The idea behind a genome wide association study (GWAS) makes perfect sense. Compare the DNA of one group of people with a disease to another group that doesn’t have the disease, identify the DNA region specific to the disease group, and then find the specific gene and mutations that lead to the disease.
In theory, this sort of study should have become routine once we had the human genome sequenced. In practice, it has turned out to be less useful than everyone hoped.
Now, this doesn’t appear to be any fault with the technique itself. Instead, it has more to do with the fact that many human diseases are simply too complex for GWAS to handle.
Most common human diseases appear to result from multiple genetic pathways and/or multiple genes. Throw in environmental effects and GWAS quickly becomes overwhelmed. At least for now, too many patients and controls would be needed for this powerful technique to have a real chance at deciphering most common human diseases.
But that doesn’t mean the technique isn’t useful. It is very good at finding single genes involved in strongly expressed traits. And this might be ideal for certain model organisms.
In a study just out in the latest issue of GENETICS, Connelly and Akey set out to investigate how well GWAS would work in the yeast, Saccharomyces cerevisiae. In many respects, this yeast appears to be made for GWAS.
It has a small, easily sequenced genome, there is on average a polymorphism every 168 base pairs or so, and its linkage disequilibrium is low. There are genome sequences from 36 wild and laboratory strains publicly available, all as diverse as can be.
But this yeast isn’t perfect. The chromosomal structure between strains tends to be much more varied than between two humans. This is predicted to introduce a high error rate. And this is just what Connelly and Akey saw when they ran some simulations.
They found that the error rate was too high in the simulations to draw any meaningful conclusions. But they also found that by using a more sophisticated analytical technique called EMMA, they were able to partly correct for some of these errors.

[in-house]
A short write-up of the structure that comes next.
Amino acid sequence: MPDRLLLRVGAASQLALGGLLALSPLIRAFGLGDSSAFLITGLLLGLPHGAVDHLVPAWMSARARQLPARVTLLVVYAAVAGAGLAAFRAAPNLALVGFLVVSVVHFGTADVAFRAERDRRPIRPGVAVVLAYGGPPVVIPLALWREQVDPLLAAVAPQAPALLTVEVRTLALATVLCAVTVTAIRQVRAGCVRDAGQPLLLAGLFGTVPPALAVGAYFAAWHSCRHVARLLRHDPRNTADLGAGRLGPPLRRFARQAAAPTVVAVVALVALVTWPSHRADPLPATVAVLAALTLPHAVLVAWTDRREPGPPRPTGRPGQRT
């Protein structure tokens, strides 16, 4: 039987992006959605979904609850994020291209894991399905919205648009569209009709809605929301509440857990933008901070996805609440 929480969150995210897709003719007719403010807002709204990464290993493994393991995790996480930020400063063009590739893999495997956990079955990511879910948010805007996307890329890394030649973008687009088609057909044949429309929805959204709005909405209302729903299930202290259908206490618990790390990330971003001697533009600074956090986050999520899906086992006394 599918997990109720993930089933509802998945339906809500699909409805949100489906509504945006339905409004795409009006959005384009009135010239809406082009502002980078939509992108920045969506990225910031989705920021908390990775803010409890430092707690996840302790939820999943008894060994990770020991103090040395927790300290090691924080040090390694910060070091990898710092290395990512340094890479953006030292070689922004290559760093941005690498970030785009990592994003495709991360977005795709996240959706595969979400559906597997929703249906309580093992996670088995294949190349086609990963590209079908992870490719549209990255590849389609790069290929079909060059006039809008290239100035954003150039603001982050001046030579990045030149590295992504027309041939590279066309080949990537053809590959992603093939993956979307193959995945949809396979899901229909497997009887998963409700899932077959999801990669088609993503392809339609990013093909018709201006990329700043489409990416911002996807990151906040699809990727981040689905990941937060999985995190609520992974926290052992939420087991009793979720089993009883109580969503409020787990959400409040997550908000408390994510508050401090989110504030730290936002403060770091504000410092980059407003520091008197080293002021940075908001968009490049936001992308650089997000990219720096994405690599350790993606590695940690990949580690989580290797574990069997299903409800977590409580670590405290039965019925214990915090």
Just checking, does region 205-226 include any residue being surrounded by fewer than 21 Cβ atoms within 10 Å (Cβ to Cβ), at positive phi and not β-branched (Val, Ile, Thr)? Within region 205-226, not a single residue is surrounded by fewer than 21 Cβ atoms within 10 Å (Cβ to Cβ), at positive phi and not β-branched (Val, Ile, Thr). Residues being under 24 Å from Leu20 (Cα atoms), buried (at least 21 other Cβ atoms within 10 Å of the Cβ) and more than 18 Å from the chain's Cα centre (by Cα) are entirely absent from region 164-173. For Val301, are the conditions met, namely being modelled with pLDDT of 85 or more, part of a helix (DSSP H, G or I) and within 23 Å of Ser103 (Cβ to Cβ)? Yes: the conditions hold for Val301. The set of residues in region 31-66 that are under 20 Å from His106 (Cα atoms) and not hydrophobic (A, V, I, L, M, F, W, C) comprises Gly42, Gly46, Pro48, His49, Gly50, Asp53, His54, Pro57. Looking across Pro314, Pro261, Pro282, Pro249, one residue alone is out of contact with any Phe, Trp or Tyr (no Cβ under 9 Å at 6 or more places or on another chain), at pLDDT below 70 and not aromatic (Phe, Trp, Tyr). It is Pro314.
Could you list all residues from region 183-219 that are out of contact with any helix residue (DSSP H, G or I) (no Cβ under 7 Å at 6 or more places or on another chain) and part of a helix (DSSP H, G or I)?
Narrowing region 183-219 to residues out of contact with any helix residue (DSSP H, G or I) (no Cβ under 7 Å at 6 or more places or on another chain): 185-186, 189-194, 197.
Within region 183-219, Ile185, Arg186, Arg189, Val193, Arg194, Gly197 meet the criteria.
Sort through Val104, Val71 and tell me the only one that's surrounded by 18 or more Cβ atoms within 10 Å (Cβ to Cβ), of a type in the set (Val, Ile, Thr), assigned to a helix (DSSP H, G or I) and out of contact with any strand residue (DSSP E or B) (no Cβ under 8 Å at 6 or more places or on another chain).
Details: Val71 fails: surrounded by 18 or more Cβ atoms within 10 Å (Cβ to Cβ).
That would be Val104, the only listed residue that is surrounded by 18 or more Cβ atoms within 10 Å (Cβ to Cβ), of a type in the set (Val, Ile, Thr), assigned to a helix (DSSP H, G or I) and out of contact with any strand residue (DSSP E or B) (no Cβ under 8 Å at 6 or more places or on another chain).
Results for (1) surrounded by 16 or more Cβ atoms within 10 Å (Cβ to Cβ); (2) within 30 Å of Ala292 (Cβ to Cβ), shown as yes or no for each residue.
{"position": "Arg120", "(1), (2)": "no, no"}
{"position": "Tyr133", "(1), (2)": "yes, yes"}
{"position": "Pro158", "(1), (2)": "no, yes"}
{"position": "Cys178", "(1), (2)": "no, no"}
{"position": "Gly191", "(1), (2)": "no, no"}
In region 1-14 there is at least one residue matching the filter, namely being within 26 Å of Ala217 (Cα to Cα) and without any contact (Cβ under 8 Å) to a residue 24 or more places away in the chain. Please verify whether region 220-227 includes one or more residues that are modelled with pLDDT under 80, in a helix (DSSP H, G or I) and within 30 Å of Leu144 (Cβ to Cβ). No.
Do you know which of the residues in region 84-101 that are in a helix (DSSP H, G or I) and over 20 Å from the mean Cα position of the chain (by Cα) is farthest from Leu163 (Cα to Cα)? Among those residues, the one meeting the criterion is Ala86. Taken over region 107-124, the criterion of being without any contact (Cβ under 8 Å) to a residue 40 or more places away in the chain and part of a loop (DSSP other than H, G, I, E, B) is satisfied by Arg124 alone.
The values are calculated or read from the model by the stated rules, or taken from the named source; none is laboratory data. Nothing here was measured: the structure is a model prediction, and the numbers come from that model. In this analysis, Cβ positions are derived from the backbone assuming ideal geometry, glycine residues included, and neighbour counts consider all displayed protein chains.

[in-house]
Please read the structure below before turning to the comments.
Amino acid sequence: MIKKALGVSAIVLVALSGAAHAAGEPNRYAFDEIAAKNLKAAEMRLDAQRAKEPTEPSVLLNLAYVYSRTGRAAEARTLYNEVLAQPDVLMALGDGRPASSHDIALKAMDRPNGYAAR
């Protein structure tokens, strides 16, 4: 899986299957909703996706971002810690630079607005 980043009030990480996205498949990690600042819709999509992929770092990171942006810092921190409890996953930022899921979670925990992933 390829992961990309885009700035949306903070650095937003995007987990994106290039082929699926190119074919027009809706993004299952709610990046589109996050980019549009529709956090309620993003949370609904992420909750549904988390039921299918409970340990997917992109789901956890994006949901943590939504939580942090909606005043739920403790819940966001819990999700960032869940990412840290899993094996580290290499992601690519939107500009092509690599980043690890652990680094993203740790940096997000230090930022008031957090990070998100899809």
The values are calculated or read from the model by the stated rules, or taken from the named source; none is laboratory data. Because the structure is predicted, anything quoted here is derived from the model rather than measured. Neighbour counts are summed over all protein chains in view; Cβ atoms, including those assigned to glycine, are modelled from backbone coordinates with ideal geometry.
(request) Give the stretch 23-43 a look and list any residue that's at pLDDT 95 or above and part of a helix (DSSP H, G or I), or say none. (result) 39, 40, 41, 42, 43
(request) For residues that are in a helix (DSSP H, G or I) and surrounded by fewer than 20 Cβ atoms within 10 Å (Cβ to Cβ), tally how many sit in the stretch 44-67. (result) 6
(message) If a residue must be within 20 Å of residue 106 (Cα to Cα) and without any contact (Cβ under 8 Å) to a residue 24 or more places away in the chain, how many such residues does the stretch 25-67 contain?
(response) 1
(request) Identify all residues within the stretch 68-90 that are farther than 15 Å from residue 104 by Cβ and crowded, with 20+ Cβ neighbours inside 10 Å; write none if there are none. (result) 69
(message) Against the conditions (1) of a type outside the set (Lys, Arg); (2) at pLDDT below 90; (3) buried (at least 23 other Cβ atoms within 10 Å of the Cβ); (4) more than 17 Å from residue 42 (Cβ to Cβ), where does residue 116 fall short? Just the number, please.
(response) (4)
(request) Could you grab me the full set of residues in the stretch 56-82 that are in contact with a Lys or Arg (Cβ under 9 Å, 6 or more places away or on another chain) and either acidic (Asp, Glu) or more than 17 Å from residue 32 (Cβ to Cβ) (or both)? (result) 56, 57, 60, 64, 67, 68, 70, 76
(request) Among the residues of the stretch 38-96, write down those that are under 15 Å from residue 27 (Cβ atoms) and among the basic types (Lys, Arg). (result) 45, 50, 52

Simulations are one thing, but how about real life? Connelly and Akey next tested the method by applying it to a practical problem: identifying the genetic reasons for differences in mitochondrial DNA (mtDNA) copy number in yeast. What they found mimicked the simulation data.
Using more traditional analytical approaches on the data obtained from GWAS, they found 73 potential causative SNPs. But when they switched to analyzing the data with EMMA, they found a single SNP that was significant. It took a bit of hand waving, but the gene associated with this SNP could possibly be implicated in mtDNA copy number. And then again, it might not.
This “significant” SNP was found amidst lots of errors and in a background of high p values. In other words, this finding may not be a real one after all. This experiment does not give confidence that GWAS can be used when all known strains of yeast are compared.
But if the strains to be included are selected more carefully, it may still prove to be a useful tool. When Connelly and Akey focused on strains that were structurally similar, they found that the error rate was much lower. Low enough that in the near term, scientists may be using GWAS to figure out how things work in model organisms.
Hopefully the findings from GWAS applied to model organisms will illuminate disease mechanisms in humans. Then maybe GWAS can realize its full potential, although not in the way it was originally envisioned.
by D. Barry Starr, Ph.D., Director of Outreach Activities, Stanford Genetics
Categories: Research Spotlight